Did you know that the juices in your stomach are nearly as acidic as lemon juice? Fortunately, your stomach has special cells that act as a barrier to the acid, preventing it from breaking down your stomach tissue. These cells produce a basic mucus that neutralizes the acid in your stomach. It turns out that your stomach is a pretty sophisticated chemistry laboratory!
In this activity you'll explore a delicious acid-base reaction, this time using your mouth as the chemistry lab!
We use acids and bases every day—they’re present in our foods, our cosmetics and our cleaning supplies. We’re so used to them that it’s easy to forget how interesting they are and how much our daily activities depend on the reactions they generate.
An acid is a compound that is capable of donating a positively charged hydrogen ion (or proton). If you add an acid to water, it breaks apart and makes the solution more acidic by adding hydrogen ions. Acids come in many different strengths and are essential to our daily lives. We couldn’t digest our food without the acid in our stomachs!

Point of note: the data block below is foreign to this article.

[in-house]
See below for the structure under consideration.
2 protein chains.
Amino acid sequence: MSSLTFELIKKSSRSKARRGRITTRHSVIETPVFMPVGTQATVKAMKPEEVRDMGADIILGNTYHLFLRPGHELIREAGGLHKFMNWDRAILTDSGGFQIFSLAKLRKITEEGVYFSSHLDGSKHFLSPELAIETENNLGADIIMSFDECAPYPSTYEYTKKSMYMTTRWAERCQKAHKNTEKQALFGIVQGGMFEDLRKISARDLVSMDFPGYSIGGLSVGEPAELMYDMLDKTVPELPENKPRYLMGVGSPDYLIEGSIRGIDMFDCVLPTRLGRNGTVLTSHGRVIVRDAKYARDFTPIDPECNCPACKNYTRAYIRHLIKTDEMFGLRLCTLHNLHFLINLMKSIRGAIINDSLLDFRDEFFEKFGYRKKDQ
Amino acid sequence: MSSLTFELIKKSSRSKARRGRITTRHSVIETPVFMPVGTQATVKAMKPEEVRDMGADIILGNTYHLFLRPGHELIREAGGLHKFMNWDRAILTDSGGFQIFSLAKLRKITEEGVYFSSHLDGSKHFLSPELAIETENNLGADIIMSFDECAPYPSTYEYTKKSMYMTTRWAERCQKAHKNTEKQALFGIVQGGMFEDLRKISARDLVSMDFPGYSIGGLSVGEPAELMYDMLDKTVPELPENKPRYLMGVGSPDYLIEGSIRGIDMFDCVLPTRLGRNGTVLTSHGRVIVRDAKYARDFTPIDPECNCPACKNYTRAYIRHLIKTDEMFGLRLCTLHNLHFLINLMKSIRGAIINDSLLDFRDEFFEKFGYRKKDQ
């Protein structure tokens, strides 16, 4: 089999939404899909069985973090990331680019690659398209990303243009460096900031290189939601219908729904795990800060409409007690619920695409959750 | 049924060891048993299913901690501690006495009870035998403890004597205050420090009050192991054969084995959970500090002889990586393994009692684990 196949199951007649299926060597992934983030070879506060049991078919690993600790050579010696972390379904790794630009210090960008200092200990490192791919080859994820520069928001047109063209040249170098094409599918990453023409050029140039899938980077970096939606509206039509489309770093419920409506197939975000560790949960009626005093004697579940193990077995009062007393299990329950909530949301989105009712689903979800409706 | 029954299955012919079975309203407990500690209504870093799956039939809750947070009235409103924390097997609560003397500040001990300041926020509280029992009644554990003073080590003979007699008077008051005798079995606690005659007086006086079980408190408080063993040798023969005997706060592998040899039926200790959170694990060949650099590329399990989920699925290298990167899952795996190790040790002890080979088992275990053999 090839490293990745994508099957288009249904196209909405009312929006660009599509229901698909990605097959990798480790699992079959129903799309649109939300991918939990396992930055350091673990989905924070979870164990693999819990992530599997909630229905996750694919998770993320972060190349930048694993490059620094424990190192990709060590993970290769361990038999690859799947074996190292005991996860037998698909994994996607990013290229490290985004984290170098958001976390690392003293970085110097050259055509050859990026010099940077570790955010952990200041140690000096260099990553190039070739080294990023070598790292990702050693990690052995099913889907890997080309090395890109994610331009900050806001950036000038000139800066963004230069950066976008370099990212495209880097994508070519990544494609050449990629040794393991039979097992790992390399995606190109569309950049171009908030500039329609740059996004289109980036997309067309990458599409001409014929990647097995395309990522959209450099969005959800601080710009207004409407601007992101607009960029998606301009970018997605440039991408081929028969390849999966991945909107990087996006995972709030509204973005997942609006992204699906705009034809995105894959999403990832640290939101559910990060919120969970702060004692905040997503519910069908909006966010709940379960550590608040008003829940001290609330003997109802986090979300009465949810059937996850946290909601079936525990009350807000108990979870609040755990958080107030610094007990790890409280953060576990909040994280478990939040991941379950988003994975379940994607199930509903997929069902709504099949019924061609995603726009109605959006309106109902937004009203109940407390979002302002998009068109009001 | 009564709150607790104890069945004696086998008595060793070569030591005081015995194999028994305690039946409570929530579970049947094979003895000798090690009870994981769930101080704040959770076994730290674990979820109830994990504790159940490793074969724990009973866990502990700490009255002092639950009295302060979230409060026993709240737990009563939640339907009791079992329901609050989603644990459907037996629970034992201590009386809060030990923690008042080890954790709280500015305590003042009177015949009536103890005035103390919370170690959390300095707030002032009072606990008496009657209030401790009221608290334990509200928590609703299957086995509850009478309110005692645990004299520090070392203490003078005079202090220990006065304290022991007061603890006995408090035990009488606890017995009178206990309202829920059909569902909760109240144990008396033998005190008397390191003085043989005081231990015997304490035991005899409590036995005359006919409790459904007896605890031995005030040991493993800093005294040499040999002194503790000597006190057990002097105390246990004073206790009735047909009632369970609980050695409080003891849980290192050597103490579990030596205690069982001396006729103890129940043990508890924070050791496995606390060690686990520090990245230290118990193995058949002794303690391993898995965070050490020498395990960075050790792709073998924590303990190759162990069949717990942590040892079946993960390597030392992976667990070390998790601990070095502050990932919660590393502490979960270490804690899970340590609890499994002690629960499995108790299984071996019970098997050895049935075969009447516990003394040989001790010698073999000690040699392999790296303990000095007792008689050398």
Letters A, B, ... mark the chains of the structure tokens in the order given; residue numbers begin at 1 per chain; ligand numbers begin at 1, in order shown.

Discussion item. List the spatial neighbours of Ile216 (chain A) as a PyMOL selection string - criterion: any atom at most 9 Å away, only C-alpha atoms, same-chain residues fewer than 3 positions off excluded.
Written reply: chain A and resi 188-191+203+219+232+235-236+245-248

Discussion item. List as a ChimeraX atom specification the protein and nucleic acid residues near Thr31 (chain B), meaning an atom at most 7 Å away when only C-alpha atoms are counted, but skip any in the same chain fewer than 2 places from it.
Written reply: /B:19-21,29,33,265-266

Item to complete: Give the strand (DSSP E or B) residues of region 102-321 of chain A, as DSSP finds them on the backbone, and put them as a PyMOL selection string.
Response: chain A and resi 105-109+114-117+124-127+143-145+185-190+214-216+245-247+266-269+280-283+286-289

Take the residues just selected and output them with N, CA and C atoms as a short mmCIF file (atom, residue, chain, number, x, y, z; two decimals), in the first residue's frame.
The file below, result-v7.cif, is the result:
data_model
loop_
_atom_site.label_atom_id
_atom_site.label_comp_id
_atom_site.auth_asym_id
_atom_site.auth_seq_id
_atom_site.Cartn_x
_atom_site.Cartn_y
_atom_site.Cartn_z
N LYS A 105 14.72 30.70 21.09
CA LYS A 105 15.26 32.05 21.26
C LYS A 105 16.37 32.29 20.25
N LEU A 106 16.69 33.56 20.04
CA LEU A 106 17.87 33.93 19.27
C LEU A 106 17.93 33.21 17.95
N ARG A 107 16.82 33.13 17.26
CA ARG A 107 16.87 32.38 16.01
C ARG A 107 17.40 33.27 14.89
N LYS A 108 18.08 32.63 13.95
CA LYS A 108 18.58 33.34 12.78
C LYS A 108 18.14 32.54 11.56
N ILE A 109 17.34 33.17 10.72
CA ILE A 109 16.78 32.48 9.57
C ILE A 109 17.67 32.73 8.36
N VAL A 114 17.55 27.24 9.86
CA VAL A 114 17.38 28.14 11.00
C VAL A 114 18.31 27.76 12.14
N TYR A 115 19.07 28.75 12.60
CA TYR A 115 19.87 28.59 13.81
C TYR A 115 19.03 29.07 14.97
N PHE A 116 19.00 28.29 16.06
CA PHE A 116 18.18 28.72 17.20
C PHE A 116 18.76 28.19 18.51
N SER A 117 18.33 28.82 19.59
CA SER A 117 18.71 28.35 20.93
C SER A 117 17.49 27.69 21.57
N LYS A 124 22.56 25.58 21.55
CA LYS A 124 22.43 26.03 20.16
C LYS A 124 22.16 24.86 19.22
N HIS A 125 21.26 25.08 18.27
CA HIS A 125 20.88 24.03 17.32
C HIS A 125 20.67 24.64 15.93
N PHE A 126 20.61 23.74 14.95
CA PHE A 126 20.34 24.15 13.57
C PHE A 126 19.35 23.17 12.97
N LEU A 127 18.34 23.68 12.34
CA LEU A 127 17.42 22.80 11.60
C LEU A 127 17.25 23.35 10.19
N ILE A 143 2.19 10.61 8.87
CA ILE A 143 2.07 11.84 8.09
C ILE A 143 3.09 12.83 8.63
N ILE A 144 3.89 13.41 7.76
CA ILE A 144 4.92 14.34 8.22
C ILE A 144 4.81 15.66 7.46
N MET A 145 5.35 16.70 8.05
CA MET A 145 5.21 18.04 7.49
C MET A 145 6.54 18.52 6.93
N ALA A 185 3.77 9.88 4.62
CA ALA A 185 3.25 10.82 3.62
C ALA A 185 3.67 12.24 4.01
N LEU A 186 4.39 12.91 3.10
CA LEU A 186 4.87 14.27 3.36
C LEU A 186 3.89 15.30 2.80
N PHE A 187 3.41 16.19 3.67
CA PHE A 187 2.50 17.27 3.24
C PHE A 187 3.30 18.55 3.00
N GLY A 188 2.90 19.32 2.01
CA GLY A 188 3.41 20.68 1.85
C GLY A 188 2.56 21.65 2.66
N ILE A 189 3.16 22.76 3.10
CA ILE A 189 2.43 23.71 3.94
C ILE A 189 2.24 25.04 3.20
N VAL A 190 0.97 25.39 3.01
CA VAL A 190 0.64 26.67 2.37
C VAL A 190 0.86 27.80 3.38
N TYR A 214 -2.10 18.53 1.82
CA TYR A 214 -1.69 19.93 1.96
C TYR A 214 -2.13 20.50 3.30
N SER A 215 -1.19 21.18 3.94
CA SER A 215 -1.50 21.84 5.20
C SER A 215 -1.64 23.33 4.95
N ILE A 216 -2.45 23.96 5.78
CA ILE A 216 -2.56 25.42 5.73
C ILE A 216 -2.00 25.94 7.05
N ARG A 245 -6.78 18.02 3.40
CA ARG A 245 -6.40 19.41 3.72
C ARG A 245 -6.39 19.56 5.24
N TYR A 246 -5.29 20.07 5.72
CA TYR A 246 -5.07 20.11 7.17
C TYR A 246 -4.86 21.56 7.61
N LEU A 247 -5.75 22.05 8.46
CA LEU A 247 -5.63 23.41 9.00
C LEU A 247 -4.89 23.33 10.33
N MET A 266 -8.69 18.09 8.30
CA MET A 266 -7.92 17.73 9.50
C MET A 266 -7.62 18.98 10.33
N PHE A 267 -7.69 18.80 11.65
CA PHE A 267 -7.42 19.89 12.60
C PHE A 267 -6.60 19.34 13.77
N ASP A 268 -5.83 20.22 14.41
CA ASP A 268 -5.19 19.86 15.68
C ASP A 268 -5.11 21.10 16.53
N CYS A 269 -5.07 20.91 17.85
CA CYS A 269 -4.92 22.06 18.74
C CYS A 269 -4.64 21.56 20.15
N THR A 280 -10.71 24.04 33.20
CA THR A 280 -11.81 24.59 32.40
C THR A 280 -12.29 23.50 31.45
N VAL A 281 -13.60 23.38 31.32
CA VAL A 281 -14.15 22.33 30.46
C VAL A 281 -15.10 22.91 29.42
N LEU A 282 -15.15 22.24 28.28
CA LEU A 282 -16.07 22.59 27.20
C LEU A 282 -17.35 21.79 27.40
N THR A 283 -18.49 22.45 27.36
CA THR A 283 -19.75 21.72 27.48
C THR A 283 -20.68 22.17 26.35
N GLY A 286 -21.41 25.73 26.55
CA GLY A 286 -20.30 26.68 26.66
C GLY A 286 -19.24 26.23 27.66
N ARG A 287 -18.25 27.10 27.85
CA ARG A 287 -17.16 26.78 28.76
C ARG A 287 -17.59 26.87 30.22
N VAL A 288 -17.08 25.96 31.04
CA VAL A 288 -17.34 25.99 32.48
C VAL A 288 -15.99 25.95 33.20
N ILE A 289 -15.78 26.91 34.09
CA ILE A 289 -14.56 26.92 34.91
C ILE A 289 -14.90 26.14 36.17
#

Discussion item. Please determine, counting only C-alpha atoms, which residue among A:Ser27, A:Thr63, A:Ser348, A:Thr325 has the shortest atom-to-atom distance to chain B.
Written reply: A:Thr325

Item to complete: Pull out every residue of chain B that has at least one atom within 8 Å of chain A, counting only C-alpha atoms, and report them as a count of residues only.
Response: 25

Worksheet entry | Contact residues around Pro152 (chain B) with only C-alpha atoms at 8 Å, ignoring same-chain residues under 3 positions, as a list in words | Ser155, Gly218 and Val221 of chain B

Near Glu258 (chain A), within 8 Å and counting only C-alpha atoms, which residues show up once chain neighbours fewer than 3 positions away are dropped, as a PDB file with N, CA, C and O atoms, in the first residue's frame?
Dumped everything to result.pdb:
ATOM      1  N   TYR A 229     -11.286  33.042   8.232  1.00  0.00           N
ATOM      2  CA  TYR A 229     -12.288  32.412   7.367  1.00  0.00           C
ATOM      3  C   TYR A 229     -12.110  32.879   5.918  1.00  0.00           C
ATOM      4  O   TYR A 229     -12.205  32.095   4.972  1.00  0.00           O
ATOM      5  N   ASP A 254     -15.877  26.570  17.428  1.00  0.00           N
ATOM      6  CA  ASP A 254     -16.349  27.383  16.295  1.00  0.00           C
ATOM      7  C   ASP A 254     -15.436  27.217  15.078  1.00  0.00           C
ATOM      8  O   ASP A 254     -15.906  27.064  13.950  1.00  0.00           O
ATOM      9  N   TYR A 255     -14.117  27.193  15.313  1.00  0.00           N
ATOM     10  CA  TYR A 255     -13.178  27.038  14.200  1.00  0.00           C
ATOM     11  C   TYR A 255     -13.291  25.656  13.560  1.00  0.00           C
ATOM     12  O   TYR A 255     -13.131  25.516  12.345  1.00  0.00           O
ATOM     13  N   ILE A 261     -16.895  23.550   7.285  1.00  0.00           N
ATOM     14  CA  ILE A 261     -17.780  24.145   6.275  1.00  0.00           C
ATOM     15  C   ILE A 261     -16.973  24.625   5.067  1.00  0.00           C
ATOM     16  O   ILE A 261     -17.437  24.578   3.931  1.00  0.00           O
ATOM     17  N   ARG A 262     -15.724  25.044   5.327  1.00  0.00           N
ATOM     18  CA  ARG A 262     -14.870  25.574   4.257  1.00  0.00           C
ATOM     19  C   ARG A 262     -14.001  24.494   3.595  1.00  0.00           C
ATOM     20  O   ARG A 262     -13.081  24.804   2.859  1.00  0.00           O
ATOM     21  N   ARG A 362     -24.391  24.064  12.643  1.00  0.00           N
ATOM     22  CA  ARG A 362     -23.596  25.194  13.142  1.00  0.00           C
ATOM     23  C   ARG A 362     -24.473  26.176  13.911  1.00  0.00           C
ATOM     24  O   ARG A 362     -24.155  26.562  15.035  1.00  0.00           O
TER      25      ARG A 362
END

Bases are also extremely important in our lives. A base is a compound capable of donating negatively charged hydroxide ions. If you add a base to water, it breaks apart and makes the solution more basic by adding hydroxide ions.
When acids and bases are combined an acid-base reaction occurs. If there are an equal number of hydrogen and hydroxide ions present, the acid and base will neutralize each other, forming a salt and water. In this activity you will explore the reaction that takes place when you combine an acid with a basic carbonate. The product of this reaction is a fun and tasty surprise!
- Three small, sealable plastic sandwich bags
- Six tablespoons confectioners sugar
- Nine tablespoons gelatin crystals (the flavored kind works best)
- Two teaspoons baking soda
- Two teaspoons citric acid (available in the spice/baking section)
- Permanent marker
- Measuring spoon (teaspoon and tablespoon)
- Regular spoon